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I’d like to thank https://informationisbeautiful.net/licensing for letting me use this for free because fewer than 100,000 people visit my blog.

If I had a vivid imagination, I could conjure up some sinister reason for cutting funds to the CDC and the NIH as our recent Congress has done and create a fiction from it. Perhaps a corrupt leader wanted to kill off the type of people he didn’t like and had secret vaccination programs for his followers. His enemies would become infected and die. One way to do that would be with Influenza A.

There are two main categories of Influenza viruses, A,B., and C. Type A viruses cause the most trouble and can be found in humans and animals, including whales, cats, horses, and other animals,notably birds and pigs. (Bats have their own special viruses.) Influenza B is uncomfortable to humans but not deadly. There is also a human C virus which is milder yet. Influenza A can be deadly.

Besides A and B viruses are then categorized by their H and N types of proteins that they have in their outer coatings. If you want to read more about that here is a great description.  Let’s just say that it takes a match up of the right H and N to allow a virus to invade your cells, hijack them, create “baby” viruses, and pop the cells to release moe viruses. That is how we get the designations such as H1H1 (the deadly Swine flu) and H2N3 (this year’s virulent strain.) Both of these, and all Influenzas, are zoonoses–infections that can move between people and animals.

Many Type A viruses can creep between birds, human, and pigs. If you look at charts from the CDC (why are we underfunding them by the way?) you can see that birds are a significant reservoir of these viruses. Shore birds including geese are potent carriers but other types of domestic and wild birds also carry viruses. For example N3 viruses are associated with ducks.

Most Influenza A viruses originate  in birds. However, not many of these are easily transmitted to people. They can be transmitted to pigs. Pigs are a common go-between for viruses. Pigs and humans can infect each other with influenza more easily than birds and humans can infect each other. Pig flu symptoms are much like human flu symptoms.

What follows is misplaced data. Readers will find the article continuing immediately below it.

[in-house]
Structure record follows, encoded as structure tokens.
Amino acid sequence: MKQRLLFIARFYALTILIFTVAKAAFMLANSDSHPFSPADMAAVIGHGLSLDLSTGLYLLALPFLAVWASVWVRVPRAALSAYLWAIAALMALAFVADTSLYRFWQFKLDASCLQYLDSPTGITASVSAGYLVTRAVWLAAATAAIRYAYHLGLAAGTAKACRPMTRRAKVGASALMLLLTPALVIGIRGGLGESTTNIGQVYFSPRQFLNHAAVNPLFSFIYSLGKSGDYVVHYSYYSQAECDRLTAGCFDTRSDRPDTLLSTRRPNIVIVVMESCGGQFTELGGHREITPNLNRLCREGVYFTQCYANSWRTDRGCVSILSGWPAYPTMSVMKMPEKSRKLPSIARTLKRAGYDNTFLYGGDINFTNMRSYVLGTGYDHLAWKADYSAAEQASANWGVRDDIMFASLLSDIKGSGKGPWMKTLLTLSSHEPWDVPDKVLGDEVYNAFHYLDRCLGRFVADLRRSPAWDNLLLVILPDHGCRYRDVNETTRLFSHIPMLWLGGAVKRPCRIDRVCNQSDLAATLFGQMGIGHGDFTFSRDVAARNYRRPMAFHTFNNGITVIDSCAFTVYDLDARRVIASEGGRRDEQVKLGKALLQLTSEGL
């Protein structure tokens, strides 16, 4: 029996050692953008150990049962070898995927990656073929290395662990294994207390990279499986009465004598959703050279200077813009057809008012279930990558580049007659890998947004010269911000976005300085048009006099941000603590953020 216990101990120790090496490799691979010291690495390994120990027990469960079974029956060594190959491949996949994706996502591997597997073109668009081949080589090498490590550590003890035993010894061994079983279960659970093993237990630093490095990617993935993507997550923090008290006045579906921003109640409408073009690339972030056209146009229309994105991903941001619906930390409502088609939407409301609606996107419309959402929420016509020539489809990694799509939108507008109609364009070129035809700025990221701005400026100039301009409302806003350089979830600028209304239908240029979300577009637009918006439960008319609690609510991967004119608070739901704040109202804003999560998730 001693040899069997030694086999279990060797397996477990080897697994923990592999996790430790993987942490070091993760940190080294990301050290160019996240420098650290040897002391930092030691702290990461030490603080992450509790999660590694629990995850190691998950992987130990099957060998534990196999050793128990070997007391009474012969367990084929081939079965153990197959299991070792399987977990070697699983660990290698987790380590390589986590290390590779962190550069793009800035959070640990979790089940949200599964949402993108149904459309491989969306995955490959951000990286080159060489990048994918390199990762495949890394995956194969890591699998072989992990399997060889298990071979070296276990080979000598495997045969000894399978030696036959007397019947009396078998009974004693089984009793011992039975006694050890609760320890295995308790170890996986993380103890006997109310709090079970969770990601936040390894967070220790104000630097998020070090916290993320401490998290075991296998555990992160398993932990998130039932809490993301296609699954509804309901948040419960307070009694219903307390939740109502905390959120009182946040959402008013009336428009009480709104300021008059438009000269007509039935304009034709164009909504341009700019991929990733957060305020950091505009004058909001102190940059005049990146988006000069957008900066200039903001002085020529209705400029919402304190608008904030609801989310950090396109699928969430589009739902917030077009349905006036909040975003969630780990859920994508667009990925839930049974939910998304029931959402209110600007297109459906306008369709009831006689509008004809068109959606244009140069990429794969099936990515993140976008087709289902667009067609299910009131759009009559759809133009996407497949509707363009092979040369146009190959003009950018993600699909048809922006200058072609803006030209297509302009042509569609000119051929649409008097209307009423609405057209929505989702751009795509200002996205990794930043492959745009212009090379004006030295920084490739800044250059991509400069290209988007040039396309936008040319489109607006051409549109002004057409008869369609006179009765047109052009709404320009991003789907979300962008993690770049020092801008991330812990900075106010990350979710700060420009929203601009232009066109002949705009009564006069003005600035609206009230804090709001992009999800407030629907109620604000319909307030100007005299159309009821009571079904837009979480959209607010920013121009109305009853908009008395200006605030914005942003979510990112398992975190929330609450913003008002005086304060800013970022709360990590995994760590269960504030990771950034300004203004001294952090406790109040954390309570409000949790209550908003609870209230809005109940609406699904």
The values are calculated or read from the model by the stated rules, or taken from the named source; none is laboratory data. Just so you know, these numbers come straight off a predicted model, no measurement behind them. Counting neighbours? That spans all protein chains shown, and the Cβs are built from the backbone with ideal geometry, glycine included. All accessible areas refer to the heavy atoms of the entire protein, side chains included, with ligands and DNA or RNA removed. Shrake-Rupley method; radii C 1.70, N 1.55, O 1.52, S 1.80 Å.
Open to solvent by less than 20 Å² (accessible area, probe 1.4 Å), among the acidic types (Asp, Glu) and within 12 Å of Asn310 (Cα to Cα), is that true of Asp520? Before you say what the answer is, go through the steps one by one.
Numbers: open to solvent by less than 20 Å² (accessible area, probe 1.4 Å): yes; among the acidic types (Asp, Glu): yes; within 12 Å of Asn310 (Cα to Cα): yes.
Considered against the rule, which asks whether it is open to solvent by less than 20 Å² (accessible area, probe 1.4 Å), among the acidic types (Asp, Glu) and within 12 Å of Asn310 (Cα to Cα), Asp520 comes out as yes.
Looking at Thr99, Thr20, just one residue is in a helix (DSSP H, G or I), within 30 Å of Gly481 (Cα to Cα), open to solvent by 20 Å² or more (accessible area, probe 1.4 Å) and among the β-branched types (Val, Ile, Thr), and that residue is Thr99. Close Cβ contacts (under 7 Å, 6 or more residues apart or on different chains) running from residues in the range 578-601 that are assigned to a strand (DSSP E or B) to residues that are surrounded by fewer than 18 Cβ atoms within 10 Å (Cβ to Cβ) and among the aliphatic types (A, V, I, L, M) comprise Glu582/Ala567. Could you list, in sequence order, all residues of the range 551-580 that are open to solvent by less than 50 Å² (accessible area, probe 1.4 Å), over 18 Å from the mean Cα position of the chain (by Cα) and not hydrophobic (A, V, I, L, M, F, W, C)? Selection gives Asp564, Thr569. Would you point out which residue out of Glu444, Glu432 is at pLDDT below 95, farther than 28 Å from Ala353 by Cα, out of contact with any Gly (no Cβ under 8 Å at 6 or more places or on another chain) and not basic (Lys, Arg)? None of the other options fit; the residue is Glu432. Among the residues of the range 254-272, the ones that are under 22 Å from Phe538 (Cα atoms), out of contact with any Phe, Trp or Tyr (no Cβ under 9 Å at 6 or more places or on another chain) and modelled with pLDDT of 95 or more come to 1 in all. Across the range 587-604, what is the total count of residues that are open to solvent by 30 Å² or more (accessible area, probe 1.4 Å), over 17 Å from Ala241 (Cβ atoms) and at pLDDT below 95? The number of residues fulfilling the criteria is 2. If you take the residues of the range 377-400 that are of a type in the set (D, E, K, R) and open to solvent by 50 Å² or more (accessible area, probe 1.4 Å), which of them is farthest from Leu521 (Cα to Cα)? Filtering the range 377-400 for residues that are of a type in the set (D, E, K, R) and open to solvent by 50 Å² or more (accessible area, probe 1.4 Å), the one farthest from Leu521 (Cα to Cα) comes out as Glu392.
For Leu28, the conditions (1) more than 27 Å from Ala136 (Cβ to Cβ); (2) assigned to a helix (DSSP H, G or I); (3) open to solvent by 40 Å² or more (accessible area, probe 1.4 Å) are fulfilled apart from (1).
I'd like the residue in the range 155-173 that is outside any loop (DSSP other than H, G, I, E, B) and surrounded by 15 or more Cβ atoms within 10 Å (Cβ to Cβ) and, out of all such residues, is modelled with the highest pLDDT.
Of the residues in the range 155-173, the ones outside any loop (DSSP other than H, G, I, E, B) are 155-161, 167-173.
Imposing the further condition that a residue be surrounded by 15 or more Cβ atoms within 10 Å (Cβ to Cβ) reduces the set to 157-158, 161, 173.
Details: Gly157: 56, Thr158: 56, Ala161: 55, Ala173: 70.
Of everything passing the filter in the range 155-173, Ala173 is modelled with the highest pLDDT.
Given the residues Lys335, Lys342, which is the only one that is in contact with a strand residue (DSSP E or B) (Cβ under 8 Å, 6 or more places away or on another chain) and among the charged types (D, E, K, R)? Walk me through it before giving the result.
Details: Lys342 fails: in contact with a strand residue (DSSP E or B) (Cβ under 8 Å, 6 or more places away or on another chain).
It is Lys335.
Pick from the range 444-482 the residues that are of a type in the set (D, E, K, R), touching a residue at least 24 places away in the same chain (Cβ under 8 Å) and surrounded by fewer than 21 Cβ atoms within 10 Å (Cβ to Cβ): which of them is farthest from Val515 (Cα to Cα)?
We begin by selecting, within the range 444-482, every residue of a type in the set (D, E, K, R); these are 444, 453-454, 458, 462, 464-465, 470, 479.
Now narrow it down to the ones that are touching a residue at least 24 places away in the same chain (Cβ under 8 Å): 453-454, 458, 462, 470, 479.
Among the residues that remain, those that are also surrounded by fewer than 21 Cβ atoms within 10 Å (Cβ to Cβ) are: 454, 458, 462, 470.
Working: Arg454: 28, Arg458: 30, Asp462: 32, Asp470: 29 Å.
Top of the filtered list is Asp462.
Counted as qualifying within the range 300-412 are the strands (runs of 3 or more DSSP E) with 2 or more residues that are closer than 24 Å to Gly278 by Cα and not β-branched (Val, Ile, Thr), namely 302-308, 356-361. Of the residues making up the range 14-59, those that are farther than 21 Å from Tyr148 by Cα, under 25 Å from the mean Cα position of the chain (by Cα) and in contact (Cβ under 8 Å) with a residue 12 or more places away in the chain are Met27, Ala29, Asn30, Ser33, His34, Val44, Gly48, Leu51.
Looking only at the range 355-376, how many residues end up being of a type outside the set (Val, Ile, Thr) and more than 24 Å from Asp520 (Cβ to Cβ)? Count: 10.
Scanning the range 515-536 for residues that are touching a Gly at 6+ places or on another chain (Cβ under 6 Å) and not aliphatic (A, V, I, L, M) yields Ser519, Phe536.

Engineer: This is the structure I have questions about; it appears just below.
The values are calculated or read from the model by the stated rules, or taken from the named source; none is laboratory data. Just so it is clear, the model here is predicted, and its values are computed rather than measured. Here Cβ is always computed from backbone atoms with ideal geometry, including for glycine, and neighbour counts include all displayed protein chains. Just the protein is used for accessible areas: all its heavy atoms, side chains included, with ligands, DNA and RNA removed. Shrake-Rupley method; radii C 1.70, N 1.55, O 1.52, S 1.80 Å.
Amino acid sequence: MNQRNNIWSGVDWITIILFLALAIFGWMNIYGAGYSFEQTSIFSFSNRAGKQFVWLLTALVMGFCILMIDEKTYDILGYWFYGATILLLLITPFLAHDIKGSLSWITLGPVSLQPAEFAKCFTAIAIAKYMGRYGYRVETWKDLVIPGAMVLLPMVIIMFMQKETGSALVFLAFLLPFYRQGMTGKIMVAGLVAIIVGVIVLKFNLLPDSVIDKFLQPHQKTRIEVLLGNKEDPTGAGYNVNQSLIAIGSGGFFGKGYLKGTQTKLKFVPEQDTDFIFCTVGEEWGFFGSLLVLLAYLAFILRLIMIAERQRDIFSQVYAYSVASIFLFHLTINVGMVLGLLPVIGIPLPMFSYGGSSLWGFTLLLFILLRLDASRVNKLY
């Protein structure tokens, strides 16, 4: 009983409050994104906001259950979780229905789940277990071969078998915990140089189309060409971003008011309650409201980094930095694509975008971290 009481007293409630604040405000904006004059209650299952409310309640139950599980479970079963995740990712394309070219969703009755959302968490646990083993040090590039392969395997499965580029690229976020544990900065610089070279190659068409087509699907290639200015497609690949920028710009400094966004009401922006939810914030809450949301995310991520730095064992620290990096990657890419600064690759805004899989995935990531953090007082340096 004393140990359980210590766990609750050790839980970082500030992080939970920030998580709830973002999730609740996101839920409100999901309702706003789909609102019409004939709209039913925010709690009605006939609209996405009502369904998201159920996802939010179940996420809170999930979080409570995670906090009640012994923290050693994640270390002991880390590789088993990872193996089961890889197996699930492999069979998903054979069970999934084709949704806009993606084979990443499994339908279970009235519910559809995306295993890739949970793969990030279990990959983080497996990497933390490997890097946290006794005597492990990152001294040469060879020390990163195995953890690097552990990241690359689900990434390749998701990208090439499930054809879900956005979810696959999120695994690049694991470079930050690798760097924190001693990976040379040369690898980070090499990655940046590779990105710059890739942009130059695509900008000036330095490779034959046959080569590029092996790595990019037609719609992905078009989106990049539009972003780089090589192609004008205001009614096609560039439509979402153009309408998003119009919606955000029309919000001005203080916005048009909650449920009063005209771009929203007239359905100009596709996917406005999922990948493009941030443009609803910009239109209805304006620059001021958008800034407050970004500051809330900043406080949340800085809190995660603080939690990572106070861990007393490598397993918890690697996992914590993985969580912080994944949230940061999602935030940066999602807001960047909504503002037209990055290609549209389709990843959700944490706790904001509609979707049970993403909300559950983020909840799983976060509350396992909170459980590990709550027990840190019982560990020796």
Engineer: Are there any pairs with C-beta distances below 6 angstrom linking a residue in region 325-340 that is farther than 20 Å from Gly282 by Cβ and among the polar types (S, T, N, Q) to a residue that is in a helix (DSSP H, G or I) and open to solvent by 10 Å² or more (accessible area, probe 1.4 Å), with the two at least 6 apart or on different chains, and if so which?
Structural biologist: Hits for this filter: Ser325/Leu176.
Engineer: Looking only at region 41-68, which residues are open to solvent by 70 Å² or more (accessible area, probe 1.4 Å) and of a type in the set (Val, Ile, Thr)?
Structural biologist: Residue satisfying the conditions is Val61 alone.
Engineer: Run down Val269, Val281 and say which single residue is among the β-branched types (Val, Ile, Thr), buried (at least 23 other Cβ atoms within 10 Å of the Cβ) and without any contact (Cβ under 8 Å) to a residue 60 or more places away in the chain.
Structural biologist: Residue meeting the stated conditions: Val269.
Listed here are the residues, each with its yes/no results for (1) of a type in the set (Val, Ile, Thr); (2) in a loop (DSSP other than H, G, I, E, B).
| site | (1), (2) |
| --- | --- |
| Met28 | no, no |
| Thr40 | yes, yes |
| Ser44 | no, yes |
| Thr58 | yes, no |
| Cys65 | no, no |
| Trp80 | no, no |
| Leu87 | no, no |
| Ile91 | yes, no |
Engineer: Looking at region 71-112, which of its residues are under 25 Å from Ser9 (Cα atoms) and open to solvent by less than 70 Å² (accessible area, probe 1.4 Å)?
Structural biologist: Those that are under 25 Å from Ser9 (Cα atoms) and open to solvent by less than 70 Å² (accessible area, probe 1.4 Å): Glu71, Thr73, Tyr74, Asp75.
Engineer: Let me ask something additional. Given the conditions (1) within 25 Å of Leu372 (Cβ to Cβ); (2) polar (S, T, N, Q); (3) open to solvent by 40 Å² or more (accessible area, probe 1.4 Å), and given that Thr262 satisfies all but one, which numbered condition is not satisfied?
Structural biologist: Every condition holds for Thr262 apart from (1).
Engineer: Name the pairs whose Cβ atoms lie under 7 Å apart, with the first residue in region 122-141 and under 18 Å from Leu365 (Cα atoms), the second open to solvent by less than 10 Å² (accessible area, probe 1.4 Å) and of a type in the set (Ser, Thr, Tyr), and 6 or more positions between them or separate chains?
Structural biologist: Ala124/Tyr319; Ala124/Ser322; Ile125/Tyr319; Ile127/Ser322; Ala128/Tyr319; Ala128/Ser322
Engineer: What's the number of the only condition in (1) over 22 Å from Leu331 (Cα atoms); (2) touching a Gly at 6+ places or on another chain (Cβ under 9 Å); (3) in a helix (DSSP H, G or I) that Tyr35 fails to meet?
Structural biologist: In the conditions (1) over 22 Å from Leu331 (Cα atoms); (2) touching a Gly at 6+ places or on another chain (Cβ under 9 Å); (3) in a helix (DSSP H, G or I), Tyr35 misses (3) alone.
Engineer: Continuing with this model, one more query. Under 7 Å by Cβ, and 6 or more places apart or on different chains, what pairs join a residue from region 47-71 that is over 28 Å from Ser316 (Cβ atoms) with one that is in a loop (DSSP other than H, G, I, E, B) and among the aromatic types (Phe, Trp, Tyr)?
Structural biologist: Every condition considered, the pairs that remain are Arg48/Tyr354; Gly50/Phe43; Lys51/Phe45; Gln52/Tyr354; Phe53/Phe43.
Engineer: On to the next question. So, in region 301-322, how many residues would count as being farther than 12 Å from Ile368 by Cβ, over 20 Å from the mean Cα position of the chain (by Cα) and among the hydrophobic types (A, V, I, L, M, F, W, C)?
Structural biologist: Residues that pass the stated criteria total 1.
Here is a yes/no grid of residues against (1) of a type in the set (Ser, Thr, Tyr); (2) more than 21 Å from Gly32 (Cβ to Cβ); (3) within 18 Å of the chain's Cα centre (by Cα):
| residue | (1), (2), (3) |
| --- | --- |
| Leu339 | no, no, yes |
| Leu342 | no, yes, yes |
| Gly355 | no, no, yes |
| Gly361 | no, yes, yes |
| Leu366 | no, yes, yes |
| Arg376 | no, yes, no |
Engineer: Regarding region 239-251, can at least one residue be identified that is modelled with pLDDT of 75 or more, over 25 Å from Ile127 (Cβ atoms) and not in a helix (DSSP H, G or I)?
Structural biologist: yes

Domestic pigs get wild bird viruses when birds interact with water used for cleaning their housing facilities that sits on site in ponds. In my opinion, deregulation of such facilities is asking for a new flu to be created.  However, the global flu pattern is that influenzas originate in Asia.

Therefore, pigs act as mixing vessels for bird flu which is hard for people to catch and pig flu which people can catch.  They create new types of flu inside them–possibly in their snouts/respiratory tracts. 

H1, H2, and H3 viruses are common during flu season and all can infect people, birds, and pigs. These viruses begin in birds, then infect pigs, where they mix, and then move on to people. There are several other diseases that can be transmitted between pigs and people. Sick pigs are a serious thing.There are even plans in the works for the government to begin an educational program for kids who handle pigs at state fairs.

And there are/were government funded scientists working on a universal flu vaccine, which we all want but is not profitable enough for big pharma to develop. That’s why we have to rely on public funds. Or if you have a sinister mind, the people who currently are in charge here in the United States do not want the common people to have this vaccine.

There is even a professor at Iowa State who is working on a universal vaccine that can be delivered via eating corn!

Another bit of good news is that UV light can kill airborne flu viruses. and these may soo be installed in hospitals and airports.

And a Japanese company has a drug that can keep the influenza virus from entering our cells, stopping it from multiplying within a day. 

So before you vote, ask your politicians what they want to do with the meager bit of taxes they’ll be collecting. Do they want a Universal flu vaccine or something like a wall or a military parade? When you are laid low with the next flu epidemic or even pandemic, you probably aren’t going to care about all that stuff you accumulated. Consider your priorities.